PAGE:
Apple patched 18 vulnerabilities in Mac OS X, including half a dozen that could let hackers hijack machines by duping users into viewing malicious image files on the Web.
Security Update 2009-003, which was distributed along with Mac OS X 10.5.8 for Leopard users and delivered separately to Tiger users, plugged holes in components ranging from ColorSync and Dock to the kernel and MobileMe, Apple's for-pay sync and storage service.
But it was the six vulnerabilities in various image file formats that caught the eye of Andrew Storms, director of security operations at nCircle Network Security.
“The PNG [Portable Network Graphics] bug is the most interesting,” said Storms of the half-dozen image file flaws. “It's a pervasive format that's frequently on Web sites,” he added, noting that attackers could trigger the bug simply by getting users to visit malicious sites, a common tactic in the Windows hacker world.
“It's easy enough to host one of these malicious files on [a hacker's] Web site,” Storms added.
Apple patched four flaws in the ImageIO component of the Mac's operating system related to its handling of OpenEXR images, a format developed by Lucasfilm's Industrial Light and Magic visual effects studio in 1999 and released to open-source four years later. The sixth image vulnerability, also in ImageIO, could be exploited by malformed Canon RAW photographic files.
Today's security release was Apple's smallest this year by vulnerability count. In May, for example, the California-based computer company quashed 67 bugs, while February's security update patched 55.
Storms saw other oddities this time around. “Usually, we see a lot of Safari or WebKit vulnerabilities, or bugs in a lot of third-party components,” he said. “Today, we got neither.”
Two of the bugs Apple called out in its advisory affect Safari, but the flaws are not actually found in the browser. And with the exception of one vulnerability in the “bzip2” open-source data-compressor, all of today's bugs were within Apple's own code.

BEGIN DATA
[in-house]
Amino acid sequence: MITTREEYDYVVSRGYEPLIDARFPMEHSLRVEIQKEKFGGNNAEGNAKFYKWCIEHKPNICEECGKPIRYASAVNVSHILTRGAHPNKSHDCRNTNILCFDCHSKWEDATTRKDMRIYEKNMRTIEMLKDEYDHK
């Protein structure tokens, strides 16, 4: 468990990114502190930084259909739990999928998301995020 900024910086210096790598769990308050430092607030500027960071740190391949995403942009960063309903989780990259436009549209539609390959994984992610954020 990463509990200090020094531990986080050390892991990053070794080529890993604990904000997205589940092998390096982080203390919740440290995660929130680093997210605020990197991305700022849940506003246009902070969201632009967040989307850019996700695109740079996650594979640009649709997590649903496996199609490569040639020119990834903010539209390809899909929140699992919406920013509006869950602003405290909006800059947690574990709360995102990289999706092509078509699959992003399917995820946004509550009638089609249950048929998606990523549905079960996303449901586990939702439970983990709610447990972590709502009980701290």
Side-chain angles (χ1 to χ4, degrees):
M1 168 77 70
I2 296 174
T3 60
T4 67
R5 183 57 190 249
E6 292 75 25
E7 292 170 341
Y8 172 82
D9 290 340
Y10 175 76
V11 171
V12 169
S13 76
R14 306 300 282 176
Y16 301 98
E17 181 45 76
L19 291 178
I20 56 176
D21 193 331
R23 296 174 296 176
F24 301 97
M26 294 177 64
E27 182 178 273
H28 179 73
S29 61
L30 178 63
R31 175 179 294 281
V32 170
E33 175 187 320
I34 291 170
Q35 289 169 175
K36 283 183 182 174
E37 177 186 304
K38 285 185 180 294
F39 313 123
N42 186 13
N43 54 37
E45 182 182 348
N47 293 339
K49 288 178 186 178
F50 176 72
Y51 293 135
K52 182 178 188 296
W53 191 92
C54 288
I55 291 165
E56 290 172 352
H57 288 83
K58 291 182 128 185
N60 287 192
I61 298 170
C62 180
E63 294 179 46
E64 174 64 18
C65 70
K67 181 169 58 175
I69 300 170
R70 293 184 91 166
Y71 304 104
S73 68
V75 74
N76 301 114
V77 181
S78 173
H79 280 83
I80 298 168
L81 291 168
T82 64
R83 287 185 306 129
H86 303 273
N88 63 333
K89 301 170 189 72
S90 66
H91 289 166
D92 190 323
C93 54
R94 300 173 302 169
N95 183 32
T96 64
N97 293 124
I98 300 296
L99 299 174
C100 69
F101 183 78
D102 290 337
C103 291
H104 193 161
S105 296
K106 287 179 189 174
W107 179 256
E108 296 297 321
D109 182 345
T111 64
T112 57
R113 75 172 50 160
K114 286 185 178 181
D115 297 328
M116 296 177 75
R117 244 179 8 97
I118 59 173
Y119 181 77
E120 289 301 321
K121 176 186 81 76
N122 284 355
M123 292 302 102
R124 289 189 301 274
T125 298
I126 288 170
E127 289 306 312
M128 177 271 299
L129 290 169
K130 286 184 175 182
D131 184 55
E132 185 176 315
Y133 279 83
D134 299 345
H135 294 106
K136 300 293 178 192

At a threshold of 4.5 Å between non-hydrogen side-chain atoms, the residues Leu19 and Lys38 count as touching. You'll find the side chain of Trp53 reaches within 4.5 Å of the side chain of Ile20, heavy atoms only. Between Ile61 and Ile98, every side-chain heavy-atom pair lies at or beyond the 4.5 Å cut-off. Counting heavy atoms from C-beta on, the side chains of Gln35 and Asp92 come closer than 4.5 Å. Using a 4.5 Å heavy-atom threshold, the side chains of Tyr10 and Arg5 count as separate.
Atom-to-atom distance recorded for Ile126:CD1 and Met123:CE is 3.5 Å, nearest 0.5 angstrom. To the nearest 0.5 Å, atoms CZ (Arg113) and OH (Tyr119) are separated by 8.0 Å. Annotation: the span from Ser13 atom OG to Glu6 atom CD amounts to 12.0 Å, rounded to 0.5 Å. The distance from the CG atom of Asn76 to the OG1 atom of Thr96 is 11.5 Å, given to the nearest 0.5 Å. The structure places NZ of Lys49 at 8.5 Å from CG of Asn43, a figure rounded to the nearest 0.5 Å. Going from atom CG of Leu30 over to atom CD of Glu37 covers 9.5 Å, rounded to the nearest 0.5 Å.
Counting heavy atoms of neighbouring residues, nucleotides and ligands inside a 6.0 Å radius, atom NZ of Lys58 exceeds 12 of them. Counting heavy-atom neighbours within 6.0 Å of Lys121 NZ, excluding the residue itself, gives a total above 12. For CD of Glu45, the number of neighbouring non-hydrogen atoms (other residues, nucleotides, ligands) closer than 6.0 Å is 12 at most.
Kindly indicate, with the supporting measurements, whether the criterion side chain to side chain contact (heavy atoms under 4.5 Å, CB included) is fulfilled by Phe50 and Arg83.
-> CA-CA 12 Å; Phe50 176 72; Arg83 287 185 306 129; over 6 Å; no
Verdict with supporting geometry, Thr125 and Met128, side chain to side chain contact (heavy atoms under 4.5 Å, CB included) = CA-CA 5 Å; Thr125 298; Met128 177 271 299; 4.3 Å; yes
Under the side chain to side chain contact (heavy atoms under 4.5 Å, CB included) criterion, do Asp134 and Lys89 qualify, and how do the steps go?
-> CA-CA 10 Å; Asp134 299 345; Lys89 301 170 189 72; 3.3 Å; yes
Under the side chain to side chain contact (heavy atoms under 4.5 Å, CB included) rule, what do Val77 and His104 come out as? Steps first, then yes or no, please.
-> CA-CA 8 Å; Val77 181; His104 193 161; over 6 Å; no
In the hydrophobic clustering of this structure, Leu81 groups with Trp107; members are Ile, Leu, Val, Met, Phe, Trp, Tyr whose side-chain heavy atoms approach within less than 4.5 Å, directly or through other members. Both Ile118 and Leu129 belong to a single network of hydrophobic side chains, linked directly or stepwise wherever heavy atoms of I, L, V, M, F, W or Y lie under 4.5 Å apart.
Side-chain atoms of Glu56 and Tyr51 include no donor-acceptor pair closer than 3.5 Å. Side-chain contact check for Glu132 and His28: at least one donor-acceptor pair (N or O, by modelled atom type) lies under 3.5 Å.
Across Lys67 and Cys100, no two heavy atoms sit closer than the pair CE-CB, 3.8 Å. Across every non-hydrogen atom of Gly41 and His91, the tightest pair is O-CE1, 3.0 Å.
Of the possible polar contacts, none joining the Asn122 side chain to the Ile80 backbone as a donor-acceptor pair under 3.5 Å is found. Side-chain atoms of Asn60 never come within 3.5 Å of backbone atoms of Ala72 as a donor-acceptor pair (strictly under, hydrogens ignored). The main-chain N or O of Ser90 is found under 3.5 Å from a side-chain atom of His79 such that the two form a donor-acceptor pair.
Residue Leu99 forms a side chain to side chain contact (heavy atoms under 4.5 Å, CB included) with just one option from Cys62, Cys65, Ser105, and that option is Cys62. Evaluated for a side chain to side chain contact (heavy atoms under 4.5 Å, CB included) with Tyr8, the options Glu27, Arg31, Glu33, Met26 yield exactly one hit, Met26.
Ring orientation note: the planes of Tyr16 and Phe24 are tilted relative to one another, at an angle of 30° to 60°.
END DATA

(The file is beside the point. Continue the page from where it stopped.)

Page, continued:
Storms also called attention to the MobileMe vulnerability, which, although not serious, could be used by unscrupulous friends or co-workers to access someone's account. “A logic issue exists in the MobileMe preference pane,” Apple said in the advisory. “Signing out of the preference pane does not delete all credentials. A person with access to the local user account may continue to access any other system associated with the MobileMe account which had previously been signed in for that local account.”
“This one's important only because MobileMe is such a big application for Apple,” argued Storms.
More than half of the vulnerabilities — 10 of the 18 — were labeled with Apple's “arbitrary code execution” phrase, meaning the flaws are critical and could be exploited to compromise a Mac. Unlike other vendors, such as Microsoft and Oracle, Apple does not assign a threat ranking to the bugs it discloses.
Most of the bugs were specific to Leopard; the older Mac OS X 10.4, aka Tiger, only harbored seven vulnerabilities.
“Tiger users should be happy that they're still getting bug fixes,” said Storms, referring to Apple's general policy of discontinuing support shortly after the second successive OS upgrade makes it to market. Apple plans to release Mac OS 10.6, dubbed Snow Leopard, in September.
Based on Apple's past performance, Storms expects to see one, at the most two, security updates for Tiger after Snow Leopard ships before Apple calls it quits.
Apple bundled the security patches with Mac OS X 10.5.8, Leopard's latest update. Included with the update were Safari 4.0.2 — Apple unveiled that separately at June's Worldwide Developers Conference — as well as stability improvements to AirPort and reliability tweaks to Bluetooth.
The security update can be downloaded from the Apple site or installed using Mac OS X's integrated update service. Leopard users, however, won't see the security update separately, but should instead look for the Mac OS X 10.5.8 update.